That being said, and my own personal admiration for the free market being laid out in the open, I do believe that there will be a decade where the proverbial Ehrlich's will come out on top. It is simple physics; the high concentration deposits of minerals will be depleted and we will all be left wondering what to do. It is certainly scary that in 13 years the population can rise by 1 billion.

    • by Baloroth (2370816)

      One word: recycling. Most resources are recyclable, but simply end up in trash heaps because (for now) the energy and sorting costs of recycling makes it inefficient. That will change when easily mineable deposits shrink. That combined with (hopefully) space-based mining means we should be able to continue expanding for quite some time yet. The reality is, every time someone thinks the world is getting overpopulated (and this is not new, people have been saying that for at least a hundred years) they are pr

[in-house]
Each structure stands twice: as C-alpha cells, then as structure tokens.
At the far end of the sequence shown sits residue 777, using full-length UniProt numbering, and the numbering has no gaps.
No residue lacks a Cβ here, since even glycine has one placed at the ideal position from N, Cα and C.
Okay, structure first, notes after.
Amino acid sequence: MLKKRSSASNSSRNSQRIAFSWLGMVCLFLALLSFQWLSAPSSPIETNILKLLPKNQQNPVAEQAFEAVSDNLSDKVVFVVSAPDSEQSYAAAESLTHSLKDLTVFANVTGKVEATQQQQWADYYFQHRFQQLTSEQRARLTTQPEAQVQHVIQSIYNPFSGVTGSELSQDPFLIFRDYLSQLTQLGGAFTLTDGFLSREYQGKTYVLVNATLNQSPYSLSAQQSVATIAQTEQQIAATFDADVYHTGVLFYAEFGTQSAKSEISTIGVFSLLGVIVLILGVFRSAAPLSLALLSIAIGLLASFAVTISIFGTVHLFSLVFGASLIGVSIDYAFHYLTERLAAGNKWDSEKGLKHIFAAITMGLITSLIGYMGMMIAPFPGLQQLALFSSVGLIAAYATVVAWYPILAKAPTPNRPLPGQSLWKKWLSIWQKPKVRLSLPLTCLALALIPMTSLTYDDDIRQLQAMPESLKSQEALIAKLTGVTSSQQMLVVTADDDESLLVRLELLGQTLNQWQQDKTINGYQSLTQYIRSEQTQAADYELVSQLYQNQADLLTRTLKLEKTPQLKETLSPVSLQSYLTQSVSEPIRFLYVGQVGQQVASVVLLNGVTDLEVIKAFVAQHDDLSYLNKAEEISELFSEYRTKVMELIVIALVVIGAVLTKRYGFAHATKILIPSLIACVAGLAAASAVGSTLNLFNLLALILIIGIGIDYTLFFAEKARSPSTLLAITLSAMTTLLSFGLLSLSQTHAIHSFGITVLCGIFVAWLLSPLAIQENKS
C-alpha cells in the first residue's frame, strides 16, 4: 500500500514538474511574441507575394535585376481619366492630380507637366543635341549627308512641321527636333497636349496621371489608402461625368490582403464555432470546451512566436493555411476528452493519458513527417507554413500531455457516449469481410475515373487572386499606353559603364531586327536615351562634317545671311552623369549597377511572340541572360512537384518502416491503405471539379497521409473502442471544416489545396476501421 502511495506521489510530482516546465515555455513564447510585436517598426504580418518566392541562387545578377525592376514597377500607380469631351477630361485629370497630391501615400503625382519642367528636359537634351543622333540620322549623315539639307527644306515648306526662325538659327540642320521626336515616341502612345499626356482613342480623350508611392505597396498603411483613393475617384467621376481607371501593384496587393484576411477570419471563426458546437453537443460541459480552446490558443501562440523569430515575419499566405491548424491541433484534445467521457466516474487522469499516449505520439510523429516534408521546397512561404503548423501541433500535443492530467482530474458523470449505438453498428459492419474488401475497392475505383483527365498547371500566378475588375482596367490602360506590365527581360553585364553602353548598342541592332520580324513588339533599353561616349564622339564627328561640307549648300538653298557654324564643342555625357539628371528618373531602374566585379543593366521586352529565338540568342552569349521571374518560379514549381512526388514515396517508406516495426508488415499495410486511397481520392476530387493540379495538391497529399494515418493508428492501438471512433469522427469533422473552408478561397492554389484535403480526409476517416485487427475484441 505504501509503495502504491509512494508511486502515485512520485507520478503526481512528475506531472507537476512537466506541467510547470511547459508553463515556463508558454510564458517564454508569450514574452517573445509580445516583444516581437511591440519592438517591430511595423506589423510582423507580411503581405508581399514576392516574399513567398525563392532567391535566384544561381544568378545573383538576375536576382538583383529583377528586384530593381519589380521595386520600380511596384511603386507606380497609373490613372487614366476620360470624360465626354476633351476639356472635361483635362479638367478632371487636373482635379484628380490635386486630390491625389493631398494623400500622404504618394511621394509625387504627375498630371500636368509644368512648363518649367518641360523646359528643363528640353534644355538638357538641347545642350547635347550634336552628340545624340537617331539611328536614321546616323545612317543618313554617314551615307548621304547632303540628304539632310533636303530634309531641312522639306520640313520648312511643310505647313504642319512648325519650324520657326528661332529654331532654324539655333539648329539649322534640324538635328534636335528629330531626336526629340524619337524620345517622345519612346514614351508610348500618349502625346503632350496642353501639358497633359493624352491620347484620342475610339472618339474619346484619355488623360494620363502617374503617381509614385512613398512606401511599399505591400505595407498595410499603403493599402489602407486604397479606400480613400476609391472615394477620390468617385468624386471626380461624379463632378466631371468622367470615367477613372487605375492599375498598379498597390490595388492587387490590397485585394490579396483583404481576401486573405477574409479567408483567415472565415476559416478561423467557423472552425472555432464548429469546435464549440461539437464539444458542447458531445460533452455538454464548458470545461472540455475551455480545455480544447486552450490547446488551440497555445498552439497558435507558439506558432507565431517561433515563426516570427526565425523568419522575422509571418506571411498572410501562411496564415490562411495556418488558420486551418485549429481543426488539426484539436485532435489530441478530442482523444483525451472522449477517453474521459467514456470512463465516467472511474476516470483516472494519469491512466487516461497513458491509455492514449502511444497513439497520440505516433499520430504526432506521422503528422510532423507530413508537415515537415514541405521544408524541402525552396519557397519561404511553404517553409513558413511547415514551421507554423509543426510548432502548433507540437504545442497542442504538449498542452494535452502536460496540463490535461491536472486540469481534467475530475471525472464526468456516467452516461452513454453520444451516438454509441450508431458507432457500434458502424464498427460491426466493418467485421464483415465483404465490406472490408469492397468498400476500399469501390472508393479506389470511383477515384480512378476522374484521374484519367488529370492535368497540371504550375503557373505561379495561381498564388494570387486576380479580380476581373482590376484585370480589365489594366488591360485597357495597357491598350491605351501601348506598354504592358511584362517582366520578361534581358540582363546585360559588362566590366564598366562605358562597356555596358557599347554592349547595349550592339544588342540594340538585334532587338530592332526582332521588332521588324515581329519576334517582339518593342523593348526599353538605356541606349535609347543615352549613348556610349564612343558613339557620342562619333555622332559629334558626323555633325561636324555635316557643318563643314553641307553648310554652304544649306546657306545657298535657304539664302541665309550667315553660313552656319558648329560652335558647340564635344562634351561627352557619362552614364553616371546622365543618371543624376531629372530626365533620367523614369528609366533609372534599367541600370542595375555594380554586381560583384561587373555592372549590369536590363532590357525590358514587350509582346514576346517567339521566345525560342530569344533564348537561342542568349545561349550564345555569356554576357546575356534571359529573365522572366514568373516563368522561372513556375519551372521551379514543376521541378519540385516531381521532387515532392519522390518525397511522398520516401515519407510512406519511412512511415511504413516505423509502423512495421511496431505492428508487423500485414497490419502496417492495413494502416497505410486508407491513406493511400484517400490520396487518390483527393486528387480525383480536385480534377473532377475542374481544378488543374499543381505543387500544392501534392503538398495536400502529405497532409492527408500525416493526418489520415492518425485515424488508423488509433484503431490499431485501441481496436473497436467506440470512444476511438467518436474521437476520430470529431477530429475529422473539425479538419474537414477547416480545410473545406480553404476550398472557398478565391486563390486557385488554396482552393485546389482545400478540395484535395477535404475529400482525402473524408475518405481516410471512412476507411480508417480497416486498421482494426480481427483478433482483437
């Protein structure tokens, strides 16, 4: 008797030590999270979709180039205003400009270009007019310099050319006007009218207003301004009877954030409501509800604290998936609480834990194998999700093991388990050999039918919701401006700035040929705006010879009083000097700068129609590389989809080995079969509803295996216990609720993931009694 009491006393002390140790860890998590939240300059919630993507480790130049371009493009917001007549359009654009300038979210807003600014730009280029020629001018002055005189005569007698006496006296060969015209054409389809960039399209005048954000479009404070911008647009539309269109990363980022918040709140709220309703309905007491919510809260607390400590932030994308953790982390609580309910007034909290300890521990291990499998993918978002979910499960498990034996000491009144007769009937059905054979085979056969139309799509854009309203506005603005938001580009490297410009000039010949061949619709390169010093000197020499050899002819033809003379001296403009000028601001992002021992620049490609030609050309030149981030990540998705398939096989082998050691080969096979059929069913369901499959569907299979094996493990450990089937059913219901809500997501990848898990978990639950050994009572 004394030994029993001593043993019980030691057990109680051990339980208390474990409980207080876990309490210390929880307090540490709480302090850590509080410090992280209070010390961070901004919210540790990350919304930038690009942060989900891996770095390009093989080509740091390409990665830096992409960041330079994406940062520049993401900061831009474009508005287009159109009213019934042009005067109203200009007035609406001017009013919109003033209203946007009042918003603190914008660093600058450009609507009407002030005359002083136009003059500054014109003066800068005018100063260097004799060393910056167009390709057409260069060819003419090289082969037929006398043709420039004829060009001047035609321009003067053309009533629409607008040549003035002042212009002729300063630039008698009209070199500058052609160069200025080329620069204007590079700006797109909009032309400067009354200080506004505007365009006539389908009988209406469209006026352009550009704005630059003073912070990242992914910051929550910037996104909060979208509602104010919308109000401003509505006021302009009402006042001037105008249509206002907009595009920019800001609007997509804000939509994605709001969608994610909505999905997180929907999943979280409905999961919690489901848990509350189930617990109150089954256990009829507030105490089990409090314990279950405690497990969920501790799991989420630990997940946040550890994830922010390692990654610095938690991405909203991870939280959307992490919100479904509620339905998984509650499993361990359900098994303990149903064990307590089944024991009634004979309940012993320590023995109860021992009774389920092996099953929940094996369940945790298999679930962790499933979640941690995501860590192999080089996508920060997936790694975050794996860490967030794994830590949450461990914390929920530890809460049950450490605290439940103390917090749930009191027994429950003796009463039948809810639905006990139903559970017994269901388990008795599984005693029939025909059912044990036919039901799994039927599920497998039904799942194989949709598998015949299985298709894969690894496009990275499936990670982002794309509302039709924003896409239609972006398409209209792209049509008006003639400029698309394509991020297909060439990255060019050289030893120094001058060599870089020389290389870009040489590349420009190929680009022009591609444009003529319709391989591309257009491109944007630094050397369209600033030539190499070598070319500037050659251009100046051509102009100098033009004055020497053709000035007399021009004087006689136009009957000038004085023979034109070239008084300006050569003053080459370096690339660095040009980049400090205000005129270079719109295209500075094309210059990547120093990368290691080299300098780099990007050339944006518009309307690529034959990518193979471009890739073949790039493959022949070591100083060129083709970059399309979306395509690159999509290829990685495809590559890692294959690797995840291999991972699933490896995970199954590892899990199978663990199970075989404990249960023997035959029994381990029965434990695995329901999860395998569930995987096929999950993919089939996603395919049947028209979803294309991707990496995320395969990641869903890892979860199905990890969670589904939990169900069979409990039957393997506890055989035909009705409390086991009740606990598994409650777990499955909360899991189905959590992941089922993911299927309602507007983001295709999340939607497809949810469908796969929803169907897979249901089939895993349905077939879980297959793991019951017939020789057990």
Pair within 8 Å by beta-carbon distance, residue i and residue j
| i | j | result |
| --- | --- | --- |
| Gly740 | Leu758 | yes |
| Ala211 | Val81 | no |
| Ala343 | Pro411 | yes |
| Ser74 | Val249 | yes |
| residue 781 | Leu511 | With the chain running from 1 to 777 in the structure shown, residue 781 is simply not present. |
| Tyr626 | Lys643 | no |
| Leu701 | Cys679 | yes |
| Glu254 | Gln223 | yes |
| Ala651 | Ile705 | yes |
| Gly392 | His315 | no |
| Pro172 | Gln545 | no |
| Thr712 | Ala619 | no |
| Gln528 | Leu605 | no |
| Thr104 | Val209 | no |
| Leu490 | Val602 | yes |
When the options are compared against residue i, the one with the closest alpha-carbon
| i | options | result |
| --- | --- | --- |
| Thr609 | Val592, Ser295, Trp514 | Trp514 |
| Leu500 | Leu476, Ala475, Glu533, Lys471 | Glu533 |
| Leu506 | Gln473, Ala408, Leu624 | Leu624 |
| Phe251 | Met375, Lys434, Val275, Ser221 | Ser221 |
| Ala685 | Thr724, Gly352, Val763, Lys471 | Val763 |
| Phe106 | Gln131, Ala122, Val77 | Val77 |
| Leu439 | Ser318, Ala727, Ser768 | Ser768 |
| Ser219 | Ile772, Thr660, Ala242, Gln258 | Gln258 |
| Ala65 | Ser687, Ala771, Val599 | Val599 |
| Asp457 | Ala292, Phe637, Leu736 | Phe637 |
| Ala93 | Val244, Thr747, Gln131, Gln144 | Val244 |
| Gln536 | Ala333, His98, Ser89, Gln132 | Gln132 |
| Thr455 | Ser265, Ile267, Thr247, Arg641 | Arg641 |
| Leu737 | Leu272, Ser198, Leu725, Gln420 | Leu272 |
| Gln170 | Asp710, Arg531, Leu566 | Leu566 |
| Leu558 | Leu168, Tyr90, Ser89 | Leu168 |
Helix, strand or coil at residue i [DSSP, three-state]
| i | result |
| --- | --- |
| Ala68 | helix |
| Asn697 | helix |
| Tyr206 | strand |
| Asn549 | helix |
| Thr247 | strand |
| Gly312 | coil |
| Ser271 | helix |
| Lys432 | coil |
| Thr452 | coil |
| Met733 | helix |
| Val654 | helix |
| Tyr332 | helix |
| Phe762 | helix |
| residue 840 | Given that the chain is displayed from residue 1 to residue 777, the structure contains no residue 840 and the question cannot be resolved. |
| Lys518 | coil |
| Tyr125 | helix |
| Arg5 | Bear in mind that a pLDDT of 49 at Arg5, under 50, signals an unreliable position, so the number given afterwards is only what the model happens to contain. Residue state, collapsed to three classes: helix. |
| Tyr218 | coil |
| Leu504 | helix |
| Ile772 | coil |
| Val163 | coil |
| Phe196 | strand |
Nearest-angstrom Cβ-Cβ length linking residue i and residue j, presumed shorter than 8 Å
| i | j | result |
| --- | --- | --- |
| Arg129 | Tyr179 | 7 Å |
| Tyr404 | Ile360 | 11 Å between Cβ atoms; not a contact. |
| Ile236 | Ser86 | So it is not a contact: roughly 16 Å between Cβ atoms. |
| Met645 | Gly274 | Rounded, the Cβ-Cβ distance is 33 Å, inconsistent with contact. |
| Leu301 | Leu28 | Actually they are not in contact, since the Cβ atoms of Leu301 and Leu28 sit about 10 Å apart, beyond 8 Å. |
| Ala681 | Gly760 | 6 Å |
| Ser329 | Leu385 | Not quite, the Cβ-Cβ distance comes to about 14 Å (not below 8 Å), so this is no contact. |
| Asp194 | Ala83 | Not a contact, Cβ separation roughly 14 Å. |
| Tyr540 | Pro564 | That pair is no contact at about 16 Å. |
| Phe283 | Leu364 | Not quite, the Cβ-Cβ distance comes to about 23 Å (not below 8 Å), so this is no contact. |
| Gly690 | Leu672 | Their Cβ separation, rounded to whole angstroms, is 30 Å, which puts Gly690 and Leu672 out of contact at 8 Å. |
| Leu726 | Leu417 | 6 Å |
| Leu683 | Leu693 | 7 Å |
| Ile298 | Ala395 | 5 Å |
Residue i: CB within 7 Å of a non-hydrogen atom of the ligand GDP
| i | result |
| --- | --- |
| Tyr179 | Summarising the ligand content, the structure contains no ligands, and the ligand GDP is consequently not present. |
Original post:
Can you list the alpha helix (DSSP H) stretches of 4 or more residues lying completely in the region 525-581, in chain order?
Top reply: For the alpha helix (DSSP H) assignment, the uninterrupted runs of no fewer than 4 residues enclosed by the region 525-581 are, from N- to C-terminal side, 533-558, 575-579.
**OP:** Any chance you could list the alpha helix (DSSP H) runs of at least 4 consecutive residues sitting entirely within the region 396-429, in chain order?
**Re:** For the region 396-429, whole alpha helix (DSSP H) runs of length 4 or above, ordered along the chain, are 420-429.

• by Hatta (162192)

        One word: recycling. Most resources are recyclable, but simply end up in trash heaps because (for now) the energy and sorting costs of recycling makes it inefficient. That will change when easily mineable deposits shrink.

        Energy isn't getting any cheaper.

        Now, as for oil and non-renewables: we'll have to find something else, but that is true no matter how large the population grows or doesn't.

        There is nothing else. Fossil fuels were a one time windfall for humanity. We squandered it and there's nothing we c

        • We won't stop until we finally burned every last available bit of fossil carbon. They are talking about in-situ gasification of coal now - you know, for the several thousand meter deep reservoirs that can't be mined conventionally. Yeah. Fun times ahead.